BIOLOGY AND EPIDEMIOLOGY OF EMERGING PLANT PATHOGENIC OOMYCETES
Location: Foreign Disease-Weed Science
Title: Isolation of nine Phytophthora capsici pectin methylesterase genes which are differentially expressed in various plant species
| Li, Pequian - |
| Feng, Baozhen - |
| Wang, Hemei - |
| Zhang, Xiuguo - |
Submitted to: Journal of Basic Microbiology
Publication Type: Peer Reviewed Journal
Publication Acceptance Date: January 24, 2011
Publication Date: March 1, 2011
Citation: Li, P., Feng, B., Wang, H., Tooley, P.W., Zhang, X. 2011. Isolation of nine Phytophthora capsici pectin methylesterase genes which are differentially expressed in various plant species. Journal of Basic Microbiology. 51:61-70.
Interpretive Summary: Some plant-infecting fungi secrete certain enzymes while infecting their plant hosts. One of these enzymes is called pectin methylesterase and it has been found to be the key in causing disease by a number of fungal species on a variety of plant species. We studied an important pepper pathogen called Phytophthora capsici, and identified nine specific genes in the pathogen for producing the pectin methylesterase enzyme. We studied how the enzyme was produced in allowing the fungus to infect three different types of plant: pepper, tomato, and cucumber. We found that production of the enzyme was more critical for disease expression during the later stages of infection compared with early stages of infection. Thus, the later stages seem to be the most critical time for the fungus to secrete this enzyme. The results help us to understand how enzymes can be involved in causing disease on hosts such as pepper, tomato, and cucumber by the pathogen Phytophthora capsici.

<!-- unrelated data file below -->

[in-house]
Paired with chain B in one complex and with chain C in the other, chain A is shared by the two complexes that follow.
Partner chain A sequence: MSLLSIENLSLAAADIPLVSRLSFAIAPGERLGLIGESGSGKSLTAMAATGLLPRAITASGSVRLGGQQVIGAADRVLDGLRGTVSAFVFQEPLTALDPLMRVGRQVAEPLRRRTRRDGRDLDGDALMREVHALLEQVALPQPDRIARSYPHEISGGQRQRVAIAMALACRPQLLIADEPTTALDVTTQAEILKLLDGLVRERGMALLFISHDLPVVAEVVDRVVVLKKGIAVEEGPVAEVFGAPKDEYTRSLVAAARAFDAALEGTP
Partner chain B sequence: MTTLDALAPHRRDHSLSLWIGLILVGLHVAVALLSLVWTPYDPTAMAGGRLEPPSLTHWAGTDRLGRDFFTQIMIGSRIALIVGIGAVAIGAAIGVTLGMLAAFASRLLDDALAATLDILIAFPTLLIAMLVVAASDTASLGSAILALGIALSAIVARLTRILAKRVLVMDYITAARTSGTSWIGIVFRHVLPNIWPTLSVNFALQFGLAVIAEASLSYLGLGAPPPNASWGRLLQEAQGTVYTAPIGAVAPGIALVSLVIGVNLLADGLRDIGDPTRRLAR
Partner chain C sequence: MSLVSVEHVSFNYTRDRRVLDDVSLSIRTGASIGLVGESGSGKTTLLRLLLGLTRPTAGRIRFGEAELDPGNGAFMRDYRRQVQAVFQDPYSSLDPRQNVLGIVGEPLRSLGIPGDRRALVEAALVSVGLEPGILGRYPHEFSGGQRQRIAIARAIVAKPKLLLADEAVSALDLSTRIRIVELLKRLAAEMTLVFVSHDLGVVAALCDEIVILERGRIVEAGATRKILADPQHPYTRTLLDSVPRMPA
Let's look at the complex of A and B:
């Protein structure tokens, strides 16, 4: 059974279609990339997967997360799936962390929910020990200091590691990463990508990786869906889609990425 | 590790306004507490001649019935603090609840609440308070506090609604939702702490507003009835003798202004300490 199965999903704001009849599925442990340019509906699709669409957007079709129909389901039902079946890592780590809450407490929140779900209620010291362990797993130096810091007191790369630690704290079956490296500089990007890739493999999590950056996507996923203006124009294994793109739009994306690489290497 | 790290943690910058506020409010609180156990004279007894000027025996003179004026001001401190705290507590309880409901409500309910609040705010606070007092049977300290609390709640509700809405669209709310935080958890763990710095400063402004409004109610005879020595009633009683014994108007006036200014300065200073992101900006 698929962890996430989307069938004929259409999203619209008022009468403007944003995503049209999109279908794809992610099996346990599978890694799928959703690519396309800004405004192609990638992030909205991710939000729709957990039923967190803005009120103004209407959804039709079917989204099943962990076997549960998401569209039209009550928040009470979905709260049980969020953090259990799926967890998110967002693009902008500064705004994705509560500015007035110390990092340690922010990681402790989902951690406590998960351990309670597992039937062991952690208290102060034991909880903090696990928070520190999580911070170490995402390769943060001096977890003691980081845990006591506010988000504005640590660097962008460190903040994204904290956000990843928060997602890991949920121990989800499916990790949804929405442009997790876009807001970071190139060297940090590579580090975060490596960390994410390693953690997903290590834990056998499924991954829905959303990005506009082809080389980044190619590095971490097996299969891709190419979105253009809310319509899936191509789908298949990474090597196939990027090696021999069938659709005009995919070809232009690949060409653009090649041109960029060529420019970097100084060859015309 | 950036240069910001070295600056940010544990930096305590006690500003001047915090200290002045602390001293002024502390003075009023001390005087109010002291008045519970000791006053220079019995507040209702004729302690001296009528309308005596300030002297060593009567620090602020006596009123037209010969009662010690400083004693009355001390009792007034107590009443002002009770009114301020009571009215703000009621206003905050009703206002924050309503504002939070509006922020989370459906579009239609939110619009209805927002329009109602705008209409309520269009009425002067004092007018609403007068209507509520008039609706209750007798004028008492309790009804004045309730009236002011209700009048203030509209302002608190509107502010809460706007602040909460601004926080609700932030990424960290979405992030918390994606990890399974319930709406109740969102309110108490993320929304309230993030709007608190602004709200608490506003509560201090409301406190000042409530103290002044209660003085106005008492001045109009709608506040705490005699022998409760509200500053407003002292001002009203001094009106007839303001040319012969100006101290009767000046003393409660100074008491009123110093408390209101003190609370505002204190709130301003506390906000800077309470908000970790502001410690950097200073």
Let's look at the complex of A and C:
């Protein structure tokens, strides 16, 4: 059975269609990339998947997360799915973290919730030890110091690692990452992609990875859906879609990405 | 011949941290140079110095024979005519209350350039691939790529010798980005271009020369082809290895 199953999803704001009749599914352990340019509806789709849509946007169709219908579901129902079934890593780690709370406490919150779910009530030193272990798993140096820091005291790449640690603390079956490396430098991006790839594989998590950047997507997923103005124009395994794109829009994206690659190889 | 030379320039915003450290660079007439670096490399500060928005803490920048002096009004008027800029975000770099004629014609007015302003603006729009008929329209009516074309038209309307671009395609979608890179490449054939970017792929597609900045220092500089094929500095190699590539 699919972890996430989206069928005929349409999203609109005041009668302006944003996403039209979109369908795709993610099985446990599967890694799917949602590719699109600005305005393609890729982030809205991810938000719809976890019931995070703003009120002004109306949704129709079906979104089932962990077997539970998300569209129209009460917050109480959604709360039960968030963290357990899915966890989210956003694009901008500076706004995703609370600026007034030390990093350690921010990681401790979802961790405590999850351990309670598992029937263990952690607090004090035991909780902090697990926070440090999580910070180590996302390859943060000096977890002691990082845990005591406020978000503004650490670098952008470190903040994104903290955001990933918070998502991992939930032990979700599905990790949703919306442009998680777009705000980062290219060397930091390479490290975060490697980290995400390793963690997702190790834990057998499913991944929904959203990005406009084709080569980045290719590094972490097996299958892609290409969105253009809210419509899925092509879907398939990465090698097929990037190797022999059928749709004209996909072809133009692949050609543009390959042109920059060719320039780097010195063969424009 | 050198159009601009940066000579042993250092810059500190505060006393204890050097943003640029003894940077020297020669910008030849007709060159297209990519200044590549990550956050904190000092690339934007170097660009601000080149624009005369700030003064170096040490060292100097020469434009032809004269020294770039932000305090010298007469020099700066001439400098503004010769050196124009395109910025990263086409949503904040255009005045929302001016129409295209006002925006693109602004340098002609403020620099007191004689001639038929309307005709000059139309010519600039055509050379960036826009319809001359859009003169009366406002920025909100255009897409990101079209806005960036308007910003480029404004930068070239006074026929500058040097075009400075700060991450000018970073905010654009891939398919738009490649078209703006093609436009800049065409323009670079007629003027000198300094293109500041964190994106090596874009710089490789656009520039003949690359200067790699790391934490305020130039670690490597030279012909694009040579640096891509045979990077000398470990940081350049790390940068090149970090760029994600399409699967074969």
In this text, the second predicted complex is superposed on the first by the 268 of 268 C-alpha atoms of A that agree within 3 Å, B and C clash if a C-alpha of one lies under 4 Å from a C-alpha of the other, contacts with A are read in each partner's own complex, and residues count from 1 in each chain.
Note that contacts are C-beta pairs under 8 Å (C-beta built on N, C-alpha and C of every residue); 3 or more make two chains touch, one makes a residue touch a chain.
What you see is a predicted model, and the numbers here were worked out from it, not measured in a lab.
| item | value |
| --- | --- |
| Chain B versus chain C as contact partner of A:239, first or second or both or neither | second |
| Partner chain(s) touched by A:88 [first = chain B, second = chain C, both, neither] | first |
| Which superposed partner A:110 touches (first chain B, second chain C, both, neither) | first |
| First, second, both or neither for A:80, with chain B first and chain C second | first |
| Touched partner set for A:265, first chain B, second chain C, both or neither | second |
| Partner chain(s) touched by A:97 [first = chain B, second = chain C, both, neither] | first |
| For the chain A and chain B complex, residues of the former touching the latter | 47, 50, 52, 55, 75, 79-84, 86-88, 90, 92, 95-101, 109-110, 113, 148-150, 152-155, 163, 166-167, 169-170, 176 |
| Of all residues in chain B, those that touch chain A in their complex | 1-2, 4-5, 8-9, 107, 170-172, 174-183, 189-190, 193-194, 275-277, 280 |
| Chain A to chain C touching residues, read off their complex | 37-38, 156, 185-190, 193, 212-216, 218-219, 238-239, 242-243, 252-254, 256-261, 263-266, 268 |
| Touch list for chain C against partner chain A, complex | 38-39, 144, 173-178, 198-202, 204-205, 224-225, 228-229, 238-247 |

Phytophthora capsici causes damage on many plant species, and secretes various pectin methylesterases during all stages of infection. We identified nine Pme genes (Pcpme 1-9) from a genomic library of highly virulent P. capsici strain SD33 and further analyzed the expression pattern of nine genes on three hosts: pepper, tomato, and cucumber using qRT-PCR during all stages of infection. All nine genes were found to be differentially expressed in three host species in the course of P. capsici interaction. The expression levels of the respective genes increased from 1 to 7 dpi in pepper, while most genes presented a decreasing trend of expression from 1 to 5 dpi in tomato fruits. However, in both fruits peaks of expression were reached at 7 dpi. In cucumber fruits, each gene showed minor expression levels from 1 to 3 dpi, exhibited definite peaks at 5 dpi, and then decreased from 5 to 7 dpi. Thus, evidence from our studies of Pcpme gene expression in different plants at a range of time points suggests that the late stages of infection may represent the most critical time for P. capsici to successfully express or/and secret PMEs.